Any software that lets you meet remotely with clients and colleagues can significantly benefit your business.
There are some services, though, that go above and beyond. How? By letting you share your desktop and screen live with other meeting participants. You may choose to pay for such a service or choose a free screen sharing website.
An online meeting service can be a great way to save time and money, unite employees
who work remotely and connect with colleagues near and far. But what if you want to share a meeting with folks who couldn’t attend?
If you’re planning on using a free calling app to host your next conference call, it’s important that the app you choose is compatible with the device’s participants use.
After all, 33 percent of people use their smartphone to video conference.
Web conferencing can be a fantastic way for companies to save money and time, efficiently exchange information and connect with attendees from all over the country and even the world.
Businesses are starting to take note, too—a recent report found that video conferencing usage more than doubled over a span of just two years across multiple industries.
Ring, Ring. It’s the internet calling — and it’s your boss, so you might want to pick up.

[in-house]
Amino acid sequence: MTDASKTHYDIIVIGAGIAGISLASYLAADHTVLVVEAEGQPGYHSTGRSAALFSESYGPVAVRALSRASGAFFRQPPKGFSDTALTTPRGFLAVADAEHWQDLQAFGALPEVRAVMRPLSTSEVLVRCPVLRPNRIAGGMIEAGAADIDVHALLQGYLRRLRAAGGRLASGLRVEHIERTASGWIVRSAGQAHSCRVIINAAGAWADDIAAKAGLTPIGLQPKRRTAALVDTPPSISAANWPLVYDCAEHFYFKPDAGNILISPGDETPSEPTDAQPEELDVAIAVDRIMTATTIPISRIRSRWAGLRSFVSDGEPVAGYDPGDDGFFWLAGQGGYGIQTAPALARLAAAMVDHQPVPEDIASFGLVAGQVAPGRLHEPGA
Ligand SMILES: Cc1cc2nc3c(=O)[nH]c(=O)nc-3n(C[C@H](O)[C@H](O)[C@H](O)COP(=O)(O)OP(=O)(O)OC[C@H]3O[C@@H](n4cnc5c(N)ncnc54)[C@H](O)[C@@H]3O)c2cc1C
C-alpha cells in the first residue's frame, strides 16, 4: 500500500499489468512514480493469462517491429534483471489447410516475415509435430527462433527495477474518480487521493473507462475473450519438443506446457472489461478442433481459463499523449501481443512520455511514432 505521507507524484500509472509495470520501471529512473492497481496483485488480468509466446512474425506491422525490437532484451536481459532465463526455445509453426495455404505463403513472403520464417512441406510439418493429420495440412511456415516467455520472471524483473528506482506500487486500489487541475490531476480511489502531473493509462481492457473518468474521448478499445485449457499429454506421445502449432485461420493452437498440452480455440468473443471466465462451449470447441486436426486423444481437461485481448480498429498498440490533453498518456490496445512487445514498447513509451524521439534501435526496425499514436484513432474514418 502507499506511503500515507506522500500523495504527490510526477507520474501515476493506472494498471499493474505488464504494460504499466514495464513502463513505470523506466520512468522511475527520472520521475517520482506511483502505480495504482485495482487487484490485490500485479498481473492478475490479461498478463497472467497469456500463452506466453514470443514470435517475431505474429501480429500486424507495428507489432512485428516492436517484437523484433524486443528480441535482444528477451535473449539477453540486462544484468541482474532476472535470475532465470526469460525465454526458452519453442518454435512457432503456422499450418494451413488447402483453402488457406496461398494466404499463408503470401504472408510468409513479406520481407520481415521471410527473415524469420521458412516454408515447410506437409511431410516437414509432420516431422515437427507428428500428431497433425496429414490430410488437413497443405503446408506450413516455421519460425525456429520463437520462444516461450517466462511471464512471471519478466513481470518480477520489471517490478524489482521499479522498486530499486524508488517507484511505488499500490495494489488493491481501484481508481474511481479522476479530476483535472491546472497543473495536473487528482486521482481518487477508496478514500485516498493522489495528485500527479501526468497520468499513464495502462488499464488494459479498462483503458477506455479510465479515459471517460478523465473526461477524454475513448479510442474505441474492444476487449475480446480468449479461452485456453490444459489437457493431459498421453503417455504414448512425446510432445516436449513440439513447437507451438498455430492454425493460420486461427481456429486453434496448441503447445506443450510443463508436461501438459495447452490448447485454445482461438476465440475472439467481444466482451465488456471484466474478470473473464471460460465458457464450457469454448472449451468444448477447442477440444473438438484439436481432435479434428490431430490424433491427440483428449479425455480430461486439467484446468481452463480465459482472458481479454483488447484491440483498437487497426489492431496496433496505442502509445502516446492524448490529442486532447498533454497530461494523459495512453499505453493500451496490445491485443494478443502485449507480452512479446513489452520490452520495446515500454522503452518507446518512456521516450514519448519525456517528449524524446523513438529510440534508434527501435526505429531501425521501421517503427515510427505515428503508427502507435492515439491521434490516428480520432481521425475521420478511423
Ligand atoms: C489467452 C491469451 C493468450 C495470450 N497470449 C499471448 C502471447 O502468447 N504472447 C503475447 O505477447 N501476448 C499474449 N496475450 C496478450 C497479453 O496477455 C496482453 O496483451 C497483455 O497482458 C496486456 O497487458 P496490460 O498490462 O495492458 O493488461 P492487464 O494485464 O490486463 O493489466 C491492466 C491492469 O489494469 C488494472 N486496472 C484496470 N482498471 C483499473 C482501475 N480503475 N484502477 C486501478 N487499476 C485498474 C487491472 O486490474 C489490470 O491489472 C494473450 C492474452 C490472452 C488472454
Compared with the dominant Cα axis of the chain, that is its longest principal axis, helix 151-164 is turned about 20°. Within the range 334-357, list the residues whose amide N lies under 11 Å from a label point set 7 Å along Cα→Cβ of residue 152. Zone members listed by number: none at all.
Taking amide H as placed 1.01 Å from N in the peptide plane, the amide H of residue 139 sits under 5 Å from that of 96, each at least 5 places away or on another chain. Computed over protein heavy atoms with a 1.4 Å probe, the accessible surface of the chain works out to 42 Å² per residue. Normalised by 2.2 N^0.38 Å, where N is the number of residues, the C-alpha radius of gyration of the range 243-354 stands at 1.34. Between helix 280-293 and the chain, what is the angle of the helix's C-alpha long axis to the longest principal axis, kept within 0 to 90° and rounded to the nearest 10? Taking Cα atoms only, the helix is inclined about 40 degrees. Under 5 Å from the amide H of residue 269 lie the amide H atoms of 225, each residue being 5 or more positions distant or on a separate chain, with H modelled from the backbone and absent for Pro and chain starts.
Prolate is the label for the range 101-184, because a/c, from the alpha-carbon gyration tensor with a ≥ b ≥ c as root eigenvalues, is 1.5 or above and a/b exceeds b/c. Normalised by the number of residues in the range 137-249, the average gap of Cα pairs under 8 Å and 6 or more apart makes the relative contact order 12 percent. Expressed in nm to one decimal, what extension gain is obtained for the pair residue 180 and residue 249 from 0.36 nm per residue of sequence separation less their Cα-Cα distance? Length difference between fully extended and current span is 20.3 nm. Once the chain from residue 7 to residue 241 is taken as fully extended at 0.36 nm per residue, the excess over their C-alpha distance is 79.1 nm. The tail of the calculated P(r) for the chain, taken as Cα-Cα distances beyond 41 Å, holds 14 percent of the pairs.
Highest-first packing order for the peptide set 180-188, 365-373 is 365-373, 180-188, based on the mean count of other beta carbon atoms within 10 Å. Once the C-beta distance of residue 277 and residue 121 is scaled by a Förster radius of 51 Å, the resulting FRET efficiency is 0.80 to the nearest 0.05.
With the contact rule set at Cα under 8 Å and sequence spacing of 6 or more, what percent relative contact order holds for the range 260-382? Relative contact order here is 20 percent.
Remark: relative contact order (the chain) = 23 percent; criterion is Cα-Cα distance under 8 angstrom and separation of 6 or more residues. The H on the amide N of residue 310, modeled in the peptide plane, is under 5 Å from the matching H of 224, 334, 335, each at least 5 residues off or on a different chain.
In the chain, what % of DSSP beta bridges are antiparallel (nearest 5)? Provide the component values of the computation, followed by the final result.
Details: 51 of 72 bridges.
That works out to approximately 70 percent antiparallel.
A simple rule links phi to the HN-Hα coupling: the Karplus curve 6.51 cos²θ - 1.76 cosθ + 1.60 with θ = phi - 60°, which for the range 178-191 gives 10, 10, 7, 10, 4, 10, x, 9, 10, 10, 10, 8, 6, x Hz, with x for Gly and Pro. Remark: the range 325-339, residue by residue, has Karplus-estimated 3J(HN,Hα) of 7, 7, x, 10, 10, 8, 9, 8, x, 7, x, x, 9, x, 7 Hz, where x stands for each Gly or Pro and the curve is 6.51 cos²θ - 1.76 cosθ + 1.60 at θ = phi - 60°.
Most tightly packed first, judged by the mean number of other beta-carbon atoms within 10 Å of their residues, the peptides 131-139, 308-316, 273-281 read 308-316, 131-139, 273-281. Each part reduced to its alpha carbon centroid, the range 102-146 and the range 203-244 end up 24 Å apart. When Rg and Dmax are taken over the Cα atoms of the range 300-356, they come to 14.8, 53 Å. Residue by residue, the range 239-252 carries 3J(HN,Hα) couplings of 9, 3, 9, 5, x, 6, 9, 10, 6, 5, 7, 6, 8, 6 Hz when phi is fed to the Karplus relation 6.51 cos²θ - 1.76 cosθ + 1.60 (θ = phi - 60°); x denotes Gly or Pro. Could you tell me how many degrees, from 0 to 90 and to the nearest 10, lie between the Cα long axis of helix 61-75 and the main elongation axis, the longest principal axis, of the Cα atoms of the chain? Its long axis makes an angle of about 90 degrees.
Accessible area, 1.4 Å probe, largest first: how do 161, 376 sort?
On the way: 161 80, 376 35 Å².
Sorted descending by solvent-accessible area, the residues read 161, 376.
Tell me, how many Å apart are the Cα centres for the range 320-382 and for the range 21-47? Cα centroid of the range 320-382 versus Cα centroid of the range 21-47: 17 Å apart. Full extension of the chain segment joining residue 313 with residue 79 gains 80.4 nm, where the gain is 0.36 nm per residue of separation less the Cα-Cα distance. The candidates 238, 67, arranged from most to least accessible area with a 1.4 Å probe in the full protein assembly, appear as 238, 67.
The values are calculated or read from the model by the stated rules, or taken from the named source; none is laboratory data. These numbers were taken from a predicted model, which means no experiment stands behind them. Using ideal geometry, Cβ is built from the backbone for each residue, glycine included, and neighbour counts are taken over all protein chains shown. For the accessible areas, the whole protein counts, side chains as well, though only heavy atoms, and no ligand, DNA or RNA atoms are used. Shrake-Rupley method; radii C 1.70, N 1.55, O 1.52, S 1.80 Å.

Chances are, you go to or call into a lot of meetings. In the United States alone, there are an average of 11 million meetings held daily according to a recent study, which means that finding the free tools to make these meetings less dreadful and a whole lot more practical is crucial to getting through your work week feeling accomplished and efficient. That’s where voice over internet protocol comes in — or VoIP.
By Eugene Tcipnjatov, FreeConferenceCall.com Chief Technology Officer
On May 25, 2018, the European Union (EU) is preparing to roll out its new consumer-friendly data protection law known as the General Data Protection Regulation or GDPR. The new rule requires that businesses make it easy for consumers to understand how their data is used and voluntarily consent to data collection. It also requires companies to provide a compelling reason for data collection and give people access to their information and the right to delete or correct inaccurate data.